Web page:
Where said closure-forming member is a film, in order to close said clearance, at least a portion of the film will typically be pushed towards the rim of the container's body and then heat welded thereto, followed by trimming the film around the rim.
In accordance with one, currently preferred, embodiment of the invention, the gas outlet is connected to the external atmosphere. In accordance with another embodiment, the gas outlet is connected to a vacuum source. Where a vacuum source is employed, typically but not exclusively, the vacuum is first applied, gas is drained from within said isolated space, and only after a period of time allowing for gas drainage, the replacement gas is introduced.
In accordance with the above preferred embodiment, said holder is a planar member formed with an opening for receiving and engaging the container body. The holder is typically provided with a skirt surrounding the opening for holding and engaging the rims of said container body.
The gas outlet may be formed by bores in said holders, preferably bores leading from a portion adjacent said opening therein to the outside atmosphere. Alternatively, the gas outlet may also be constituted by bores within said spacer member.
Tile gas inlet is typically formed within said spacer member. The gas inlet preferably comprising a plurality of nozzles. Where the gas outlet is formed in said spacer member, such nozzles will usually be formed in portions of the spacer member other than portions hosting the gas outlet bores. The nozzles will usually be directed into the isolated space so as to ensure sufficient turbulence for effective flushing of the residual space with the replacement gas.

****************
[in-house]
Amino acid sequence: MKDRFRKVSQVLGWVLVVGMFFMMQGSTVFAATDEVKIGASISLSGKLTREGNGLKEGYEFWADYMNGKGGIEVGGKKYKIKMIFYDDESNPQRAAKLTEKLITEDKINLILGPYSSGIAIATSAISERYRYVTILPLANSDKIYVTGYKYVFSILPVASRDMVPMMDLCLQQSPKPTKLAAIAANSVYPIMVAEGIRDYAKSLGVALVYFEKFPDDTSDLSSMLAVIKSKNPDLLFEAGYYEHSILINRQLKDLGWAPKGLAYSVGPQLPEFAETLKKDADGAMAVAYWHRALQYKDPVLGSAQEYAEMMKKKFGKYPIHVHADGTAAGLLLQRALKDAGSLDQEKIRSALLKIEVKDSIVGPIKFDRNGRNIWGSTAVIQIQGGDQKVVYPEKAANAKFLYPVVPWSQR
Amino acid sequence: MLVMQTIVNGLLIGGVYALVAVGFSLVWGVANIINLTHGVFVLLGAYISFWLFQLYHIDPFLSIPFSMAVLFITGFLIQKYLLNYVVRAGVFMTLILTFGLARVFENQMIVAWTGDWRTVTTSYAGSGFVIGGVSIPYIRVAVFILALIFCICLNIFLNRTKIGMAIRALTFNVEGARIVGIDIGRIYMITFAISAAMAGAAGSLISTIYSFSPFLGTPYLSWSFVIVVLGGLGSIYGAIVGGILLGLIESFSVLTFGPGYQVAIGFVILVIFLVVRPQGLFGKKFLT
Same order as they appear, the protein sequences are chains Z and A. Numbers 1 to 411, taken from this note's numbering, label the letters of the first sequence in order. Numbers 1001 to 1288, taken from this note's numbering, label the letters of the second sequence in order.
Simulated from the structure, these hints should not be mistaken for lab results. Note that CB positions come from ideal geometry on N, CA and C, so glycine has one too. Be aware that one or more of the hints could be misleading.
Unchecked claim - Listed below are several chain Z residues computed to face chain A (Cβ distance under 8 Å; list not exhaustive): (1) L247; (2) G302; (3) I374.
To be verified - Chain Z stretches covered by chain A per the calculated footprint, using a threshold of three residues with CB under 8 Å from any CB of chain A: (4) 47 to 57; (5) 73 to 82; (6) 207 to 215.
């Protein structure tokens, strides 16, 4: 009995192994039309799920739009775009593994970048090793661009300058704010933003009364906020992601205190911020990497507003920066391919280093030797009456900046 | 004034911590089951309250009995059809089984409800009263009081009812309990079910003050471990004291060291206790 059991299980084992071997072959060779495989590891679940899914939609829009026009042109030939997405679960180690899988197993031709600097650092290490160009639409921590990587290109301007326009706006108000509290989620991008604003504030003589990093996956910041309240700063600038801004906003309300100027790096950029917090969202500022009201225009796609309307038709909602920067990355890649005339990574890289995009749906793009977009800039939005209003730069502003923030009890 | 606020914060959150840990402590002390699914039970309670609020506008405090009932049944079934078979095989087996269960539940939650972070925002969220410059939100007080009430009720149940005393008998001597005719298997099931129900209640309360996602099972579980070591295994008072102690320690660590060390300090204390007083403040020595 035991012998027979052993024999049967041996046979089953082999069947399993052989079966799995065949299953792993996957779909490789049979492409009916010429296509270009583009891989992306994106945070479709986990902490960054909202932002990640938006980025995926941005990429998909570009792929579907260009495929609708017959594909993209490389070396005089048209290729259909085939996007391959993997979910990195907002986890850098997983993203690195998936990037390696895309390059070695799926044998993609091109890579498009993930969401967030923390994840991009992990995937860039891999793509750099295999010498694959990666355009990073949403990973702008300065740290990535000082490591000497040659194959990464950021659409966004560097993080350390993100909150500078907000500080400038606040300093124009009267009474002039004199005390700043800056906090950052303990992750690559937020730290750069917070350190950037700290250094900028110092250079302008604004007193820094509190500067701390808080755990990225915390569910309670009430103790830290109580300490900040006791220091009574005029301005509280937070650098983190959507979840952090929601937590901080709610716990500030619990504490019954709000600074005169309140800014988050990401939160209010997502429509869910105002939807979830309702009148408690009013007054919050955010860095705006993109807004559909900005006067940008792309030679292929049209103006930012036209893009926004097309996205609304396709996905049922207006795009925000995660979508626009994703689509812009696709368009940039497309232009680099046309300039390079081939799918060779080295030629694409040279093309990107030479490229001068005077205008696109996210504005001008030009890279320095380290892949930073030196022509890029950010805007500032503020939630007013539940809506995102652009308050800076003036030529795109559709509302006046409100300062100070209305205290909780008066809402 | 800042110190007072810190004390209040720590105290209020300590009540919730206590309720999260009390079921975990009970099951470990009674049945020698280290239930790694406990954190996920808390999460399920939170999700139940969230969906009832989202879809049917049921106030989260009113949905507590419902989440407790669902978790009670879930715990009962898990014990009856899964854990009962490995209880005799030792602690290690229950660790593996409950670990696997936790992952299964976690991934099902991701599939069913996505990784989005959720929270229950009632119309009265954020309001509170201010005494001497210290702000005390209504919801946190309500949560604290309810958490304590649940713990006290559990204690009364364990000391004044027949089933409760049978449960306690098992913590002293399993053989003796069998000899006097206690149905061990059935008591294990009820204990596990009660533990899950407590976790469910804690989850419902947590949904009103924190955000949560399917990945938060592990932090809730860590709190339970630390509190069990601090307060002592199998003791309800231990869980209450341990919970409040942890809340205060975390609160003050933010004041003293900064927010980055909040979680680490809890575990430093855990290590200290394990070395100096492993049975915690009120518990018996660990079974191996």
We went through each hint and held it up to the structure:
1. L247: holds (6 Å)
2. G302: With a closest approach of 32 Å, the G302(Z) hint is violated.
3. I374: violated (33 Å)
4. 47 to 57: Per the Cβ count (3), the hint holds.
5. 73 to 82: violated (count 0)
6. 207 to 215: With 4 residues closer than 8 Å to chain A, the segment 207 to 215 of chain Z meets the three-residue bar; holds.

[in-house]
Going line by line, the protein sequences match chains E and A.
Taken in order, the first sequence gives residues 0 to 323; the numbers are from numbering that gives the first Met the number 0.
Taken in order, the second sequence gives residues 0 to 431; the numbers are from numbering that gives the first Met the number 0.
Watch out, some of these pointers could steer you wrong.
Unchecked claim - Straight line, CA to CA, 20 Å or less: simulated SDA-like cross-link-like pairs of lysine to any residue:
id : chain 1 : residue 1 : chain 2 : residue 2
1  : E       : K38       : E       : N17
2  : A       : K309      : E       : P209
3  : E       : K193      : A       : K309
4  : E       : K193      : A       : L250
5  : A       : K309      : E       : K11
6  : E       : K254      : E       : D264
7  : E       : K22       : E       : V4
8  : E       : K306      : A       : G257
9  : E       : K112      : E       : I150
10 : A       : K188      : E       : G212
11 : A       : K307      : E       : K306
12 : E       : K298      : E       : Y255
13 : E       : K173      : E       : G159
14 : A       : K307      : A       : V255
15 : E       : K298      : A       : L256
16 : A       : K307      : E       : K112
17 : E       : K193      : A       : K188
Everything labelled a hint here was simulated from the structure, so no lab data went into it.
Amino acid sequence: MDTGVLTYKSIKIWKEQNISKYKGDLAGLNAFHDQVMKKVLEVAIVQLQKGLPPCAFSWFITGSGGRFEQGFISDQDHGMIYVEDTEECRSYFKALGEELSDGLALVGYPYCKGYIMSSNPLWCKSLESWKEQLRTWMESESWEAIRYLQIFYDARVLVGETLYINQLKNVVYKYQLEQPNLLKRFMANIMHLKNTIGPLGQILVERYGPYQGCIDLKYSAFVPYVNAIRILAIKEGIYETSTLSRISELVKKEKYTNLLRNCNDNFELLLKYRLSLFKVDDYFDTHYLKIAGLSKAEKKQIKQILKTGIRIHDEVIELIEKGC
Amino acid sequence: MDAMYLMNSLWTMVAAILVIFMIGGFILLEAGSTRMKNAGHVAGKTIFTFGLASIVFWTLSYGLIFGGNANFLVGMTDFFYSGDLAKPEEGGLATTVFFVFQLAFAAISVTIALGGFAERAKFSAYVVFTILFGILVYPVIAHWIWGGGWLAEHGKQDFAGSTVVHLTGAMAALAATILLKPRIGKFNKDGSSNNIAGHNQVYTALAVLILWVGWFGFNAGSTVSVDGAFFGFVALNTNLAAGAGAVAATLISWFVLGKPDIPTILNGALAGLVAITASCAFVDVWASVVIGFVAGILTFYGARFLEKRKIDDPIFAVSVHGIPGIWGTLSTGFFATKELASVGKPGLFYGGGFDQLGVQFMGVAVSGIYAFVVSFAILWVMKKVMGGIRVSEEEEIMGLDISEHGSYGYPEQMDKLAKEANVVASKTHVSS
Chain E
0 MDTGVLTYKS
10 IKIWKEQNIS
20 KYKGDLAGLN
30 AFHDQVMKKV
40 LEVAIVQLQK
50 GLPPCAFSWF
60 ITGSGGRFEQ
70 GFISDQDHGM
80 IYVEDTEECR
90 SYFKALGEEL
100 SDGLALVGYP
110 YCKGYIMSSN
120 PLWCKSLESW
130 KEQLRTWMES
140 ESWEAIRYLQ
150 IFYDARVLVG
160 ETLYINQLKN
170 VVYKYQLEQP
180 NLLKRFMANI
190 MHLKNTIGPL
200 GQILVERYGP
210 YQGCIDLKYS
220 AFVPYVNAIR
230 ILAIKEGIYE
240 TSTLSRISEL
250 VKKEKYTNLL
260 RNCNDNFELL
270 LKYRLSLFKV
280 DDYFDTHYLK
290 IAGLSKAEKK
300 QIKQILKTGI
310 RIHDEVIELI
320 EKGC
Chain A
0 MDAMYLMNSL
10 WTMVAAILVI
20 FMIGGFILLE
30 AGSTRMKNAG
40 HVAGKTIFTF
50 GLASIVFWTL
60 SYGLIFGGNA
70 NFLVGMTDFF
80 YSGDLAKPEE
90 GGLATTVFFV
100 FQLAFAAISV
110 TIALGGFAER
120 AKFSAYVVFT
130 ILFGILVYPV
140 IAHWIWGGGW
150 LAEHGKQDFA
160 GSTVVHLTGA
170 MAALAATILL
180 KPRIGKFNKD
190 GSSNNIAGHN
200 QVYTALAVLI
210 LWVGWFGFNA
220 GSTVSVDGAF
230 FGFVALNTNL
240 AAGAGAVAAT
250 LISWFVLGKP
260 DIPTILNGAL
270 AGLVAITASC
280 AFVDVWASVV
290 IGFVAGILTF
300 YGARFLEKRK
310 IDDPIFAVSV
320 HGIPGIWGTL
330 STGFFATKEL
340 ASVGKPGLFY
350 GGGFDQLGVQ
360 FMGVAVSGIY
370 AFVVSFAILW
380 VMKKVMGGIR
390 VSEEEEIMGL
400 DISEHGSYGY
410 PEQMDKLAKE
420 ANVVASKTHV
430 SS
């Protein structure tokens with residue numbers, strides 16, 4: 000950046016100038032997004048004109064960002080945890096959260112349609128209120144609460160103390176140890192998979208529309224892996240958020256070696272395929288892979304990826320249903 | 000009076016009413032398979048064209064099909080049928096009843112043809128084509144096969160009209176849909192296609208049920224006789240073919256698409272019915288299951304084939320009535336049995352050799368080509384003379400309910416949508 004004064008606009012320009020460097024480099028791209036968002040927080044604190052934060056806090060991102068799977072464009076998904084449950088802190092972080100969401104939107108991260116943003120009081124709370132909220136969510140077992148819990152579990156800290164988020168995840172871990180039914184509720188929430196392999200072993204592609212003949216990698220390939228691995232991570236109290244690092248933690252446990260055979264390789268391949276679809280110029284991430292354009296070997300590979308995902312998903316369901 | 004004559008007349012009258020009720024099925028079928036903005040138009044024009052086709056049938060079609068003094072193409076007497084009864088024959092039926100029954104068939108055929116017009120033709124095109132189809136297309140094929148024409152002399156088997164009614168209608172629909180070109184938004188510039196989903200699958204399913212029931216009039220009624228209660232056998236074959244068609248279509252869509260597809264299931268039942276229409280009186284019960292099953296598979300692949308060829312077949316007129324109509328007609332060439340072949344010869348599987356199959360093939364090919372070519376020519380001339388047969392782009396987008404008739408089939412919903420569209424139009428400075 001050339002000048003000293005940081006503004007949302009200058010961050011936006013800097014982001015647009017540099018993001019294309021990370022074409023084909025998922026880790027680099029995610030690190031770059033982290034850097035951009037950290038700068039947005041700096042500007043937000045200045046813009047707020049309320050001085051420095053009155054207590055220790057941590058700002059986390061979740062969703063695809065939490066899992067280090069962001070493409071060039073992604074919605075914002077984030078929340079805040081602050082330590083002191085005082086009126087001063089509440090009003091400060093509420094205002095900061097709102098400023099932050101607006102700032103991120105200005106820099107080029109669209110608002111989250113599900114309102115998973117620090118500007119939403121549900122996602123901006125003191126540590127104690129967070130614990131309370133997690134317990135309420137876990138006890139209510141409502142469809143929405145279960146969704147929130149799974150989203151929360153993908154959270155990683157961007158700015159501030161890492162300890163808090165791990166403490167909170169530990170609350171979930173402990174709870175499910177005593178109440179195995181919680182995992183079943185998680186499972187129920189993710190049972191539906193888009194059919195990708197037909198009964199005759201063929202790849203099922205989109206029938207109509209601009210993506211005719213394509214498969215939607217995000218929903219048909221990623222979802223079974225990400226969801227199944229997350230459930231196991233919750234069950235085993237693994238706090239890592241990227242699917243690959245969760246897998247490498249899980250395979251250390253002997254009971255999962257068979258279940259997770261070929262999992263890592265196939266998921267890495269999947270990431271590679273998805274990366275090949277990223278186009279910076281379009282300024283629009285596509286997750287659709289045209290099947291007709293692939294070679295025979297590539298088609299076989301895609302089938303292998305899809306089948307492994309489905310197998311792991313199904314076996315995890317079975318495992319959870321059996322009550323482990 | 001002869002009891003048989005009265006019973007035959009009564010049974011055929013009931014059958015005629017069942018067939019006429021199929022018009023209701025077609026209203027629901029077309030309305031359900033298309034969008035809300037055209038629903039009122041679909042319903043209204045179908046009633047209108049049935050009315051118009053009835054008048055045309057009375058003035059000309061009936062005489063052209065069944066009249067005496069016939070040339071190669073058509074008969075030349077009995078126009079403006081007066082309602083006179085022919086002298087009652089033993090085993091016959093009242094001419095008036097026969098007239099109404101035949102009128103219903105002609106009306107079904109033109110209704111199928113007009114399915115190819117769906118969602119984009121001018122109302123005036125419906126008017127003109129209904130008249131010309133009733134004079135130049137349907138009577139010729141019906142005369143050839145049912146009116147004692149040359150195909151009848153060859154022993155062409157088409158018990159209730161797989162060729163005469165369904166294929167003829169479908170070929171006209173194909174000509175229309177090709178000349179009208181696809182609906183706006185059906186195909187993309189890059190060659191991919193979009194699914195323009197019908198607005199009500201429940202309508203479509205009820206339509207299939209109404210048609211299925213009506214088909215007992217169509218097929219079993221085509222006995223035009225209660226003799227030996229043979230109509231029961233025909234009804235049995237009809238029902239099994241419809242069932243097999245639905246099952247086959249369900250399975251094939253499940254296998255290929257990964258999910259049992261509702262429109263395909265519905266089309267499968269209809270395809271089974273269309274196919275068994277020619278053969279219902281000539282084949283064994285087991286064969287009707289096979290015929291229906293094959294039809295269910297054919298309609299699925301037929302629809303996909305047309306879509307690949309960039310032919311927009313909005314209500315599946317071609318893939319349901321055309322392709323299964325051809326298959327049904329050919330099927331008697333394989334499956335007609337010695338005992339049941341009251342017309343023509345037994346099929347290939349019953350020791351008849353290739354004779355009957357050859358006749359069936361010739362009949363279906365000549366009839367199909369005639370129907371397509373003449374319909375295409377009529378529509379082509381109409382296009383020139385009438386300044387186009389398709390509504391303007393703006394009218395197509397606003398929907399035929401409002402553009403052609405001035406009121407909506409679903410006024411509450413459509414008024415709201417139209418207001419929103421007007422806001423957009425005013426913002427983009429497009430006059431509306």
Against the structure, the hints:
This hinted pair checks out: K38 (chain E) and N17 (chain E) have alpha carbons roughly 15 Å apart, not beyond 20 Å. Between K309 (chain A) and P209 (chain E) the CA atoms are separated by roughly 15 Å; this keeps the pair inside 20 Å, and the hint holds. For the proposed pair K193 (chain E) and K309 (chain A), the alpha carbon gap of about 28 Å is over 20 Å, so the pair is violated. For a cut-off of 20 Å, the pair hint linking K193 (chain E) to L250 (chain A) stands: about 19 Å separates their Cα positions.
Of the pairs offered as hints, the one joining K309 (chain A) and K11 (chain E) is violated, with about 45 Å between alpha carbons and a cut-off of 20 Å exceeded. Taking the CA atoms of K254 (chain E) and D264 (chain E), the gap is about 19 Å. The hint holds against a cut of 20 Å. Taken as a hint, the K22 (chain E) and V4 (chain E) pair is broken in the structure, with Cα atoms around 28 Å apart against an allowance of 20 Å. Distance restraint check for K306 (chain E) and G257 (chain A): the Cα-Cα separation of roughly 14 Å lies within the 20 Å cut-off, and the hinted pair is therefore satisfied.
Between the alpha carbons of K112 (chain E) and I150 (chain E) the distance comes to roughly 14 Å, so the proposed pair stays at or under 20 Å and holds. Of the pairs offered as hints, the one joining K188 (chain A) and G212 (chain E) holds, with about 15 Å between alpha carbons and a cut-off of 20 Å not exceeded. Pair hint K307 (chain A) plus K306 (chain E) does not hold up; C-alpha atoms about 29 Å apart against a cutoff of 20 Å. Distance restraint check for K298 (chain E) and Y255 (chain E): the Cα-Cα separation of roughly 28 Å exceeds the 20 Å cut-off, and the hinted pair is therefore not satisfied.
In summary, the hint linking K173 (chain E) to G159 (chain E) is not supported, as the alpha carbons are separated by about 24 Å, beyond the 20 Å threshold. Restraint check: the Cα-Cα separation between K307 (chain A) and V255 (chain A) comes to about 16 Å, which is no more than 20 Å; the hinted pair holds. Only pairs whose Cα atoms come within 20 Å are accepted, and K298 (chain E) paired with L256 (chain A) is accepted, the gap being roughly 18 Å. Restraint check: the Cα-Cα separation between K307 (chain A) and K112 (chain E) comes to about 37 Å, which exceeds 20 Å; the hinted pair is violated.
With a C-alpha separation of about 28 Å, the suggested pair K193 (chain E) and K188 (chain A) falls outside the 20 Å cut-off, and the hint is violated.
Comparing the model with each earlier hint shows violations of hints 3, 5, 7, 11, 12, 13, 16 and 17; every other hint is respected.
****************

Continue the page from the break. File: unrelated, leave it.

In order to understand the invention and to see how it may be carried out in practice, preferred embodiments will now be described, by way of non-limiting example only, with reference to the accompanying drawings, in which:
Reference is first being made to
Three holders are seen in
As will be appreciated, although the invention will be described herein with particular reference to the application for packaging a pasty-food product, particularly a dairy product, it is clear that the invention is not limited thereto and it applies, mutatis mutandis, to packaging of a variety of other food products, as also defined above.
Holder 104 is formed with gas outlet bores 112.
Apparatus 100 further comprises a spacer member 130 formed with a central opening 132, there being a plurality of gas inlet nozzles 134 pointing towards the opening's interior. Gas nozzles 134 are in flow communication with replacement gas inlet pipe 136, connected to a source of replacement gas (not shown). In the case of a food product, the replacement gas is typically nitrogen or carbon dioxide.